Katie Grant, 202-225-3130
WASHINGTON, DC – House Democratic Whip Steny H. Hoyer (MD) discussed the House Democrats' "Make It In America" agenda. See below for a link to the video and excerpts.
“Clearly, the last election was focused two things. Jobs and deficits. People wanted to get the fiscal house in order of their country, but they knew that they needed to create jobs. Very frankly, we've been here now for four months without jobs legislation being offered on the floor of the House of Representatives. What we're rolling out today, as we all talk about creating jobs, is a focus on job creators. We're focusing on also the psychology that we can make it in America. We can succeed. It’s a great country but it can be an even greater country. Also focus on making it a here in America, manufacture in America, grow it here, sell it here and around the world. There's no reason why the most productive effective workers in the world can't compete with anybody in the world if they're given the tools. If they have a tax policy, regulatory policy that encourages the growth of manufactures, growth of businesses. The reason you focus on manufacturing, of course, is because Americans believe correctly that if America is manufacturing goods and selling them abroad, we'll continue to be a very successful country and create the kinds of jobs that are good paying jobs with good benefits. We know that manufacturing, according to our own statistics, but also the National Association of Manufacturers, that when you create a job in manufacturing, it has a multiplier effect in the job market generally.”
“There's also a partnership, Joe, between government and the private sector. There has to be a partnership in terms of investing in education, investing in infrastructure in our country to create the environment, the context in which enterprise, innovators, developers can, in fact, be successful, and that's what we want to focus on in the "Make It In America" agenda. We want to say to the manufacturing community, the business community, look, we need to be in partnership to grow our economy. We don't want to get in your way, but we do want to make sure that you have a context, an environment that makes you competitive globally. I think that's the key. That's what “Make It In America” is going to focus on. It's going to focus on creating jobs but also focusing on job creators. If you're going to be pro-jobs you have to be pro-creators of jobs.”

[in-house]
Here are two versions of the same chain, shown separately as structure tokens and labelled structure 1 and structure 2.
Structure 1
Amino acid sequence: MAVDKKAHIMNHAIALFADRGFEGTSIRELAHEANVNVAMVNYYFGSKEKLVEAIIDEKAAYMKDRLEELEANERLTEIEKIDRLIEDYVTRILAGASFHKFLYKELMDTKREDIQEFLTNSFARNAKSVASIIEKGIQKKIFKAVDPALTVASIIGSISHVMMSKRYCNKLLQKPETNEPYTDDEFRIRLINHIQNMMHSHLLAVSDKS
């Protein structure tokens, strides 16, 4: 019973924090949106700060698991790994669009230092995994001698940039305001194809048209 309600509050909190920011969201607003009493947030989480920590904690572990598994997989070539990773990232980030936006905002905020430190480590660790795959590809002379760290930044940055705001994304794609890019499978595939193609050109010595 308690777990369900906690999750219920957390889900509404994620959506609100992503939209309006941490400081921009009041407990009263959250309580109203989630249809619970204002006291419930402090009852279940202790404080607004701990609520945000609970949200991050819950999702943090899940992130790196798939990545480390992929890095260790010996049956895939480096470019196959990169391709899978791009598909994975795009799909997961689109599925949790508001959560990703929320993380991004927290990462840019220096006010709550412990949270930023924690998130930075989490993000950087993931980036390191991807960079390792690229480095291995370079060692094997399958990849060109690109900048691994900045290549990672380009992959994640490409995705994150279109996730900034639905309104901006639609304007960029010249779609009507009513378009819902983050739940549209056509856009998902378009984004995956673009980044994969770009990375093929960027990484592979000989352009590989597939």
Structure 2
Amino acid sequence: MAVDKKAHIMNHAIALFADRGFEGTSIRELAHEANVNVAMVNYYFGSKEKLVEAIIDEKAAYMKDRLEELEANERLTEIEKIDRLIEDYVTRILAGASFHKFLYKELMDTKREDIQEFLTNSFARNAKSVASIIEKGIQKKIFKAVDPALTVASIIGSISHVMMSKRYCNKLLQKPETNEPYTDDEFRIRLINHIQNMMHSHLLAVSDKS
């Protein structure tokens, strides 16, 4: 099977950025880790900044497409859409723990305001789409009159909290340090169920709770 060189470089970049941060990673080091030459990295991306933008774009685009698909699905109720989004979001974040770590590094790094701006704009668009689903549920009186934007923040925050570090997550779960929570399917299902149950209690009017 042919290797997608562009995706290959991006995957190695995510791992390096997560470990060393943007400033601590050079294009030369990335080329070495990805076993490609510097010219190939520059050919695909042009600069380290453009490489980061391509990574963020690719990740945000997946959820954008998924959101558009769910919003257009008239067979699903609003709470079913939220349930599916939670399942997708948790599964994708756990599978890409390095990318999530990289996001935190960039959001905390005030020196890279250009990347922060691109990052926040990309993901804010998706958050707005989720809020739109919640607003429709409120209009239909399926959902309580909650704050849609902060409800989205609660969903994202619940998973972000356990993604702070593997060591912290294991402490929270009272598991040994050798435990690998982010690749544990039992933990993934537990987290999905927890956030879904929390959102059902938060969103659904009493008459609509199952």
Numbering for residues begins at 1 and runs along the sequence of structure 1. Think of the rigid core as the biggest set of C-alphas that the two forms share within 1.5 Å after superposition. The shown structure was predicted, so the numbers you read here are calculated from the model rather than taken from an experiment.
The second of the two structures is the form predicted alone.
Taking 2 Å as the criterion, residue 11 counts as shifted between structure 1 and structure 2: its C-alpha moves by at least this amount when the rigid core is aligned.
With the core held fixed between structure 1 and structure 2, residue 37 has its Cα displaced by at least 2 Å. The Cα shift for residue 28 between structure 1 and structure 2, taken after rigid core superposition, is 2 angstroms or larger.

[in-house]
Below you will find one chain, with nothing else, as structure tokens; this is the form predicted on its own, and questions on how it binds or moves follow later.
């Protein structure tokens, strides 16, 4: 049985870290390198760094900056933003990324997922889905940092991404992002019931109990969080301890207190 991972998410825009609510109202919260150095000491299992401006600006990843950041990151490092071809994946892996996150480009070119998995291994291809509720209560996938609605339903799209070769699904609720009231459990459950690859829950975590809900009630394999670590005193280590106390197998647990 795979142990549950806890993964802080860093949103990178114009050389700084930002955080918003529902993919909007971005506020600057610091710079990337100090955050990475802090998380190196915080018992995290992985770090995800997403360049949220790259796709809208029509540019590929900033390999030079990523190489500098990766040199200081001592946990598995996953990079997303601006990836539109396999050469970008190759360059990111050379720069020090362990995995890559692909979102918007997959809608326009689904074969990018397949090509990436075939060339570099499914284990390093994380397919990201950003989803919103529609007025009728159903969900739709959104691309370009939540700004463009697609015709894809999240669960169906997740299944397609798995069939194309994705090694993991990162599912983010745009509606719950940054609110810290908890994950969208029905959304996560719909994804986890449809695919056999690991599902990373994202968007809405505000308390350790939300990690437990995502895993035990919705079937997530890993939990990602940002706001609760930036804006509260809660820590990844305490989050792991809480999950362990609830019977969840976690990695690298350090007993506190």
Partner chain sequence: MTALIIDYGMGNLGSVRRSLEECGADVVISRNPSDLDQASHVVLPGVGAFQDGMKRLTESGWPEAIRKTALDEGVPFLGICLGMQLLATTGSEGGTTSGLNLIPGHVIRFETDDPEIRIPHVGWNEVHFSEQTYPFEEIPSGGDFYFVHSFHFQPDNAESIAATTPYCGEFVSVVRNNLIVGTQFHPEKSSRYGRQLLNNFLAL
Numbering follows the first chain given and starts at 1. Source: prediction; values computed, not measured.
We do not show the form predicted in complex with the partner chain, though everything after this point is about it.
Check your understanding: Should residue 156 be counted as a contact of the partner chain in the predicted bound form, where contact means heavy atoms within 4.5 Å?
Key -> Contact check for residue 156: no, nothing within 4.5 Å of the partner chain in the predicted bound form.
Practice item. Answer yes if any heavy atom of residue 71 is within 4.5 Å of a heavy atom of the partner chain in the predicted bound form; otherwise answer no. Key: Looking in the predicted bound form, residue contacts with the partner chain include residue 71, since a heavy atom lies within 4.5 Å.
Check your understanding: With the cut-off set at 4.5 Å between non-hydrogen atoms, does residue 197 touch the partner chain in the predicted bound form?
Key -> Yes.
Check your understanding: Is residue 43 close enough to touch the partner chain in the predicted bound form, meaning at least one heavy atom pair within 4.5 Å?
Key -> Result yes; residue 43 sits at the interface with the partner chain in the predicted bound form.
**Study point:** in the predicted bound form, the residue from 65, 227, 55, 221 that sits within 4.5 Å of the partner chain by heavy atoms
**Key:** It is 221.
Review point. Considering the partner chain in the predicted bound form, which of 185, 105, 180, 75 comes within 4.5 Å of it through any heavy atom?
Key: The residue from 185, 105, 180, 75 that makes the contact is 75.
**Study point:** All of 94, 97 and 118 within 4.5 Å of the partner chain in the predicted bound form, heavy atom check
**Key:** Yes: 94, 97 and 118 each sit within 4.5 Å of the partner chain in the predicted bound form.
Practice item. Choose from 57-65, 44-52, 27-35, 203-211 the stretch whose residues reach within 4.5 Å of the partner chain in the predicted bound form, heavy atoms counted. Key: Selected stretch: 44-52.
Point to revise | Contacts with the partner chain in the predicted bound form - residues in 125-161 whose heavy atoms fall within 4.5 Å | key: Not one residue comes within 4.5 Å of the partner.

“What we find is the manufacturing community has retreated over the last 20 years, and with it our ability to produce goods and services, frankly, but particularly goods to sell them in the international global marketplace has been eroded. The good news is over the last 15 months we've seen the manufacturing community grow, but still at a percentage far less than we were 20 years ago. Manufacturing jobs have a particularly positive effect on our economy. And as well, on the kinds of jobs that are created in the manufacturing community.”
“I've talked to the National Association of Manufacturers, John Engler who heads up The Business Roundtable, Tom Donohue at the Chamber of Commerce, Rich Trumka at AFL-CIO. One thing that we find in this "Make It In America” agenda that I think all Americans ought to be pleased with, that you can talk about "Make It In America" at any congressional district in America. Republican, Democrat, Liberal, when you talking making it in America, creating jobs, people shake their heads and yell that's what we ought to be doing. That's a non-ideological, non-divisive, brings people together, focuses on what people want to see and that is the creation of jobs and economic opportunity.”
“The problem we're having when you talk about Canada or other nations in Europe or Asia in terms of their tax policy, one of the problems is we have trouble comparing apples to apples. We had an article yesterday which pointed out fewer countries have what we have, therefore there's a great disparity in the tax burdens paid by one manufacturing enterprise versus another manufacturing enterprise, one sector of the economy, versus another sector of the economy. We've got to have very significant tax reform which makes our tax system simpler, in my view, reduce preference items and bring a level playing field and a competitive playing field with the international community. Clearly, if we're going to encourage people to keep jobs here, they have to make a profit doing so. That's the incentive for staying here. We have to make sure we create an environment that allows for that to happen.”